Learn how to set HTML page properties and CSS properties, such as font, background color, and background image properties, for your Dreamweaver page.

For each page you create in Dreamweaver, you can specify layout and formatting properties using the Page Properties dialog box (File > Page Properties). The Page Properties dialog box lets you specify the default font family and font size, background color, margins, link styles, and many other aspects of page design. You can assign new page properties for each new page you create, and modify those for existing pages. Changes you make in the Page Properties dialog box apply to the entire page.

Dreamweaver gives you two methods for modifying page properties: CSS or HTML. Adobe recommends using CSS to set backgrounds and modify page properties.

Note:

The page properties you choose apply only to the active document. If a page uses an external CSS style sheet, Dreamweaver does not overwrite the tags set in the style sheet, as this affects all other pages using that style sheet.

Set CSS page font, background color, and background image properties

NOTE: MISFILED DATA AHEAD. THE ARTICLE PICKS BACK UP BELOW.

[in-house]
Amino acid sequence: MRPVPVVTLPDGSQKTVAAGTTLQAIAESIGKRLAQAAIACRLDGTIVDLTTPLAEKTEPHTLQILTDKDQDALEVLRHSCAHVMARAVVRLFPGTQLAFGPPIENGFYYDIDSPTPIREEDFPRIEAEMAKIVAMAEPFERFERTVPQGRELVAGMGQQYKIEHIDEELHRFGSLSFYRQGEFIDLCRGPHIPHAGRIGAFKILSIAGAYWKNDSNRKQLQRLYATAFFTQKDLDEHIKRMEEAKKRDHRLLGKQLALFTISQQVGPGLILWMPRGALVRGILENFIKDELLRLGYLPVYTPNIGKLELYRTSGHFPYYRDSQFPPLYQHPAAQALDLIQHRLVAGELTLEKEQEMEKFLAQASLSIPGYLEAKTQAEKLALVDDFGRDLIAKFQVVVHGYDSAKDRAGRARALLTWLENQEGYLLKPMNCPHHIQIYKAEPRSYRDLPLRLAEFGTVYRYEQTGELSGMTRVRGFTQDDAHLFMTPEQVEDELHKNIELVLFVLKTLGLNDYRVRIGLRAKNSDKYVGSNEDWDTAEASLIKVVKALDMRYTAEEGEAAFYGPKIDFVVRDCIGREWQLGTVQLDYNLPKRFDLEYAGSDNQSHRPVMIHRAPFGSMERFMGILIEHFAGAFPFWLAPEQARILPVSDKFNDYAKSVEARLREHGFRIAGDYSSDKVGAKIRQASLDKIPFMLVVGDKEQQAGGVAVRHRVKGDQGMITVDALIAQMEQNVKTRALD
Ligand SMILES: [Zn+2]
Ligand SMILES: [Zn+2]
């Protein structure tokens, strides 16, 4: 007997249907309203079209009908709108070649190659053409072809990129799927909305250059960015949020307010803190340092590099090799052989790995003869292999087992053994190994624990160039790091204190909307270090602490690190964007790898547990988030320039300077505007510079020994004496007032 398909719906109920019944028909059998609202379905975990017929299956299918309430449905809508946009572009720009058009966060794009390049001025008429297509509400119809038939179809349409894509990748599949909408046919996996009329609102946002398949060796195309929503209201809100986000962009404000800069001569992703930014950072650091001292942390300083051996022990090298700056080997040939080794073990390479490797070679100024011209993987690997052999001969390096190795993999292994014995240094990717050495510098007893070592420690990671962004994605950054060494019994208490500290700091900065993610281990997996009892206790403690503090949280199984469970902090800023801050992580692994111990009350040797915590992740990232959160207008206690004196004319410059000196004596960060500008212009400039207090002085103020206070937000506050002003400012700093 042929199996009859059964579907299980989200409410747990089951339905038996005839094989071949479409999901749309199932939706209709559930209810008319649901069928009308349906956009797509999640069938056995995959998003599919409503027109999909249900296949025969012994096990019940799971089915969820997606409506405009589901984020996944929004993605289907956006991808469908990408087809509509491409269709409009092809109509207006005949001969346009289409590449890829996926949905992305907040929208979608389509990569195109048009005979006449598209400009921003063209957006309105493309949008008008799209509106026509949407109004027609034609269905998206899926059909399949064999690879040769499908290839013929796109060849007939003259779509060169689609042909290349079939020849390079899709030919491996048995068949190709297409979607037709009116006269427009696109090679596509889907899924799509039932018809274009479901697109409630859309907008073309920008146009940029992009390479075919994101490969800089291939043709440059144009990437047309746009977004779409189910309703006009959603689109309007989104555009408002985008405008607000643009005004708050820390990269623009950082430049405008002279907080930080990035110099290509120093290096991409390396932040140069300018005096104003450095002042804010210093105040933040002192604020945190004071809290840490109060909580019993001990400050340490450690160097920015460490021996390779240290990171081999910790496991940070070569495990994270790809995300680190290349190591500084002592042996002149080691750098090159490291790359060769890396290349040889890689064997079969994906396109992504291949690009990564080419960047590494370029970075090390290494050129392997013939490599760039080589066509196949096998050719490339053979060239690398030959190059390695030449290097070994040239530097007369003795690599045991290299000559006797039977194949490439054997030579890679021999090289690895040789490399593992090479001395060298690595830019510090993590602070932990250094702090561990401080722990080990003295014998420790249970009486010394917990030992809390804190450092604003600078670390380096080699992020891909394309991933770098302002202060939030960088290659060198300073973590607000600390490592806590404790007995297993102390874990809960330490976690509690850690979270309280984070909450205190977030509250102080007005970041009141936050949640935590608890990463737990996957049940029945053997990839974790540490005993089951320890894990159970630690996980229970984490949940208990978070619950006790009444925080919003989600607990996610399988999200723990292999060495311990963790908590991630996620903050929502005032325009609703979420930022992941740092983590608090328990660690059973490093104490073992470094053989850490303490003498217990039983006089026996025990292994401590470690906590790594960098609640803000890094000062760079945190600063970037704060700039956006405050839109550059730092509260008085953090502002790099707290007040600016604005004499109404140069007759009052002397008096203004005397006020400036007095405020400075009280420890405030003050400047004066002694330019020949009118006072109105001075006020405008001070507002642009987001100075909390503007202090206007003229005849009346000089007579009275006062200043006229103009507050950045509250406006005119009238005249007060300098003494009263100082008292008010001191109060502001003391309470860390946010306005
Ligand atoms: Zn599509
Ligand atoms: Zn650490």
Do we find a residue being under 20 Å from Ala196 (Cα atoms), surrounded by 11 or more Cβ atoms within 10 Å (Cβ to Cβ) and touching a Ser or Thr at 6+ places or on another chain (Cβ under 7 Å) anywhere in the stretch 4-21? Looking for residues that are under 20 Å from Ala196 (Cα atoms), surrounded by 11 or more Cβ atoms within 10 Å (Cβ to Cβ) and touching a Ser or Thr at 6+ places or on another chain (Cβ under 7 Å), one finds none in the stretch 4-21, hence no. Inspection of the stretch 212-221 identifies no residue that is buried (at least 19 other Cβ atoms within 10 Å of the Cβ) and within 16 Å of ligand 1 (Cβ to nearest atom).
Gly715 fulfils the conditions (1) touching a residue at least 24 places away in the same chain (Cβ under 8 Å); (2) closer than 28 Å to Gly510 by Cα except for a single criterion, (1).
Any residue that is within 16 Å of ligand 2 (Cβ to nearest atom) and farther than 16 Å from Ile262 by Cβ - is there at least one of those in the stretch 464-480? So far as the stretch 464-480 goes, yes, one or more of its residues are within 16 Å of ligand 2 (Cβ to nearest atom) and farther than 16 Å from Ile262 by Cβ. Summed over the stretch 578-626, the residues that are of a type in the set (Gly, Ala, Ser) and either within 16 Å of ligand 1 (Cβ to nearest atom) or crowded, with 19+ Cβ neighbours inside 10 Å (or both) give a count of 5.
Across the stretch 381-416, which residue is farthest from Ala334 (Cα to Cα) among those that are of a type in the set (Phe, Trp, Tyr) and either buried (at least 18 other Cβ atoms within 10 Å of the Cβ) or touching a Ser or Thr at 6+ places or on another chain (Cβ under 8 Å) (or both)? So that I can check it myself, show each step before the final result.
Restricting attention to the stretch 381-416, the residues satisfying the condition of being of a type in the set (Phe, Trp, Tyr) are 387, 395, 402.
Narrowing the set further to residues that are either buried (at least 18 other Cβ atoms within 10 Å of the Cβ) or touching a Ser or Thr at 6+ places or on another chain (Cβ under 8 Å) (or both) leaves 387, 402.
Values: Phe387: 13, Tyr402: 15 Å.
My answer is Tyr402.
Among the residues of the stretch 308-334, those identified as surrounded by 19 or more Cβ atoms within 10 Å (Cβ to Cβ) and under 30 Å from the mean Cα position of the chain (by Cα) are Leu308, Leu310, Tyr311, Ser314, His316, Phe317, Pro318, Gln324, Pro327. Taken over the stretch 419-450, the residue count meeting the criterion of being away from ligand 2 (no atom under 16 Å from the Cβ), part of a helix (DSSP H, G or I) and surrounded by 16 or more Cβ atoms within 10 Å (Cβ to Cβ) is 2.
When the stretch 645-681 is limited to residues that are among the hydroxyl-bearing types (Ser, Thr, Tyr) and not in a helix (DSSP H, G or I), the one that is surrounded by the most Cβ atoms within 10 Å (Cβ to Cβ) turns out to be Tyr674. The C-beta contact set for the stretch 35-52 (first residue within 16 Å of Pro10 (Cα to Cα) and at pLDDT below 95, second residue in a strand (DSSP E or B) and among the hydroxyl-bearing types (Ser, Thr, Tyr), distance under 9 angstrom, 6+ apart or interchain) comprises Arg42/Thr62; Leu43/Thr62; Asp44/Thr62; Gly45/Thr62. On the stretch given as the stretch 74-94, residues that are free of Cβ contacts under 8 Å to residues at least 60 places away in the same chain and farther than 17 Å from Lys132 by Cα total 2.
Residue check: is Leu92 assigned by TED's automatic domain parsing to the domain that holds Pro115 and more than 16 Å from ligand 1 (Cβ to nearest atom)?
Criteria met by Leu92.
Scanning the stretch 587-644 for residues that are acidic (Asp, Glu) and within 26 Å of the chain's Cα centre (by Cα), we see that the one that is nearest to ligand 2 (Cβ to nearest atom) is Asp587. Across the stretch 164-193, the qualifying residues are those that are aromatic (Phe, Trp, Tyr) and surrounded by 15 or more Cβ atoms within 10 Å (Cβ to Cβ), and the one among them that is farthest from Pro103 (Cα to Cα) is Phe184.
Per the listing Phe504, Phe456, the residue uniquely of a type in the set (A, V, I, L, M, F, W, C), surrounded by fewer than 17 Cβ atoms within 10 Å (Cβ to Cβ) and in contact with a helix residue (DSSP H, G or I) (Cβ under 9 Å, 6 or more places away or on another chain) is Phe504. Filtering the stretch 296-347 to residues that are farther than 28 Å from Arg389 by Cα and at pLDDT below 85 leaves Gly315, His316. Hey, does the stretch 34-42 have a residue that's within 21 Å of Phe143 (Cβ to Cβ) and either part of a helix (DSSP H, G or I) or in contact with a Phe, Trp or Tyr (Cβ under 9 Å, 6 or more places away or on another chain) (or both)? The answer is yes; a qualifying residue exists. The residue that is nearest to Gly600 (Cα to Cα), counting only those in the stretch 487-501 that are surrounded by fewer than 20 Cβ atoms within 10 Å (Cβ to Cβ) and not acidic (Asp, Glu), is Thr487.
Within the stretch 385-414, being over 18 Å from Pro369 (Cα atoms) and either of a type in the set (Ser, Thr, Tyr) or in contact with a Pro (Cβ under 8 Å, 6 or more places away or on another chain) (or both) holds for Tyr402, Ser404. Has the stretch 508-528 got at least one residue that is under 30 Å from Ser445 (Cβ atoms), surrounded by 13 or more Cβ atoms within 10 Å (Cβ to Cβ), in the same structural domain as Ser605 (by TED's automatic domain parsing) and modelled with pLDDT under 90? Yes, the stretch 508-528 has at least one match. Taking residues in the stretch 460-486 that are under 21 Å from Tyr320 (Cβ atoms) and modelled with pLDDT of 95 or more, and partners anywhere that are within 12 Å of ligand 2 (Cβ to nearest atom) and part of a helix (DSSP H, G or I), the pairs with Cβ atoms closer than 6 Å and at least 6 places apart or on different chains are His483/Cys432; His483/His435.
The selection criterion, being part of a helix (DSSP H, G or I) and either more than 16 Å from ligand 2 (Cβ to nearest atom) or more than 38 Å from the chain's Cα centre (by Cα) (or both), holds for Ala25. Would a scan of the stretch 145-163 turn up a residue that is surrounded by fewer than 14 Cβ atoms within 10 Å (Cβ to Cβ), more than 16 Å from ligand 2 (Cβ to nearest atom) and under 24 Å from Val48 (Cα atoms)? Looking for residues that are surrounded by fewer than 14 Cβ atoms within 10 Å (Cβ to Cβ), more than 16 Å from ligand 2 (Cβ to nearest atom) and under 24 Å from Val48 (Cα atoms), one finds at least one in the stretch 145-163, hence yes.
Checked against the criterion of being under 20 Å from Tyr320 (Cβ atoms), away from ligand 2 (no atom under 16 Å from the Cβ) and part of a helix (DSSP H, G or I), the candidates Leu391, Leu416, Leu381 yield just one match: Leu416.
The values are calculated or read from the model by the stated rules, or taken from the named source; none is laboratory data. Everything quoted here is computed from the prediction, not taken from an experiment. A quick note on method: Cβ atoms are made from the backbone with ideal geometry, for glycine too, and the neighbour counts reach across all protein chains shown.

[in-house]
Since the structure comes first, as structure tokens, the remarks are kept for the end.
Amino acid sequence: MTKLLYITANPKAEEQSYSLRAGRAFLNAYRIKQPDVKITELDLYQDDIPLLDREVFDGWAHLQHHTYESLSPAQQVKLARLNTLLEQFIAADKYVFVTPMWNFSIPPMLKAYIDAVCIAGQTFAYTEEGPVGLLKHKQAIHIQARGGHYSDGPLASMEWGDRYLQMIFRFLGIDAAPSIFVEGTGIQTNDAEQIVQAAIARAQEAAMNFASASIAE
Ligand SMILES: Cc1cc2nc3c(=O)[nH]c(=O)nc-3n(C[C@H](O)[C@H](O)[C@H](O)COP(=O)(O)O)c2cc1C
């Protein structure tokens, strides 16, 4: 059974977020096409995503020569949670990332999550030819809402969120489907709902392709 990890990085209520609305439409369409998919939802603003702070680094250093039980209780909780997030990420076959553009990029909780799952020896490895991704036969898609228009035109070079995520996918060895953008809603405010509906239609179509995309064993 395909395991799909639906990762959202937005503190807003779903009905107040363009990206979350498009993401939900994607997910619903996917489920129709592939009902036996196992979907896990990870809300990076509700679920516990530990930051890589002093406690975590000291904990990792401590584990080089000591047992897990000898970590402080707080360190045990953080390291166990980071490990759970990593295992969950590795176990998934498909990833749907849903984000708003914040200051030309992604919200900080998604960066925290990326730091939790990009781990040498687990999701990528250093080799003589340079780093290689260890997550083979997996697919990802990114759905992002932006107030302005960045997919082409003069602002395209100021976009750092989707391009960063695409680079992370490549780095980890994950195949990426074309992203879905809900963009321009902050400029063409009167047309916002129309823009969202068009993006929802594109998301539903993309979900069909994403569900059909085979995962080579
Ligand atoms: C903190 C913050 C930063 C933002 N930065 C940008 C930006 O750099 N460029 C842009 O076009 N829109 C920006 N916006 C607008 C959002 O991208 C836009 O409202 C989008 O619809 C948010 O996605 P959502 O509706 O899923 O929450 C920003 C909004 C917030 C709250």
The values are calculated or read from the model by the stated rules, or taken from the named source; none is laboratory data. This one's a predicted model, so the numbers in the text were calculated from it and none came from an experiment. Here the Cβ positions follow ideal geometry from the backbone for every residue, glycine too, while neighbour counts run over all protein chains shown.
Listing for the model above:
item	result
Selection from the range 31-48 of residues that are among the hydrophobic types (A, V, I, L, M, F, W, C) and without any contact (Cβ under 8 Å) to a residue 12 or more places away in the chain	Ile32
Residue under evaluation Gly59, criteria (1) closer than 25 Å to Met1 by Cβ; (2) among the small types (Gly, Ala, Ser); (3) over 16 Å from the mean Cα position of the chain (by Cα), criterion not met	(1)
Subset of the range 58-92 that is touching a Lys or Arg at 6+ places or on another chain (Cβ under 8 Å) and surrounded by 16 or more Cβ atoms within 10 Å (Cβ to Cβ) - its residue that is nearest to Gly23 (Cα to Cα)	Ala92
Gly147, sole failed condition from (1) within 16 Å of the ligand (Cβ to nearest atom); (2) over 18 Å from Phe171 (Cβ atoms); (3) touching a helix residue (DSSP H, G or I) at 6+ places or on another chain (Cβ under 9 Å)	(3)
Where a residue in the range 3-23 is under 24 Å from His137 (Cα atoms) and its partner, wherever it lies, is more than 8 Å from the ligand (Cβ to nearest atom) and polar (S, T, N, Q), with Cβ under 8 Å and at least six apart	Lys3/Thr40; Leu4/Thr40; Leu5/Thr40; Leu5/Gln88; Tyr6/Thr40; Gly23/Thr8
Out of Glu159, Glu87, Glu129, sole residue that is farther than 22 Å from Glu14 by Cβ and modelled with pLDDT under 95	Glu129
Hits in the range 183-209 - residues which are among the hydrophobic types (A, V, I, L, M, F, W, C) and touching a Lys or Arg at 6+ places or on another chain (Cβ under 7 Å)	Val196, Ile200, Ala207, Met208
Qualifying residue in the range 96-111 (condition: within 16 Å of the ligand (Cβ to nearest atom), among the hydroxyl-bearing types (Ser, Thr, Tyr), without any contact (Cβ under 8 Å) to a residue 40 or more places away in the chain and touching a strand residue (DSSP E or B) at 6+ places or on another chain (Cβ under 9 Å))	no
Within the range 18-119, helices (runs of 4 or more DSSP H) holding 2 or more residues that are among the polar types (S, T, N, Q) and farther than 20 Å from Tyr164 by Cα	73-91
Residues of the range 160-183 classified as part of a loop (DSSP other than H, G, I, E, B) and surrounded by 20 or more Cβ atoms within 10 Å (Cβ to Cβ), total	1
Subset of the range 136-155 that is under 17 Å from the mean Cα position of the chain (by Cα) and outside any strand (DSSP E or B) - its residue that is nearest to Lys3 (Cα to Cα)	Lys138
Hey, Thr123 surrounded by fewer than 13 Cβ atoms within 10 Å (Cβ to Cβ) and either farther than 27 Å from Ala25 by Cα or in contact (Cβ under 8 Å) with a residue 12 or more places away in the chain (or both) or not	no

Use the Page Properties dialog box to specify several basic page layout options for your web pages, including the font, background color, and background image.

  1. Select File > Page Properties, or click the Page Properties button in the text Property inspector.

  2. Select the Appearance (CSS) category and set the options.

    Page Font

    Specifies the default font family to use in your web pages. Dreamweaver uses the font family you specify unless another font is specifically set for a text element.

    Size

    Specifies the default font size to use in your web pages. Dreamweaver uses the font size you specify unless another font size is specifically set for a text element.

    Text Color

    Specifies the default color to render fonts with.

    Background Color

    Sets a background color for your page. Click the Background color box and select a color from the Color Picker.

    Background Image

    Sets a background image. Click the Browse button, then browse to and select the image. Alternatively, enter the path to the background image in the Background Image box.

    Dreamweaver tiles (repeats) the background image if it does not fill the entire window, just as browsers do. (To prevent the background image from tiling, use Cascading Style Sheets to disable image tiling.)

    Repeat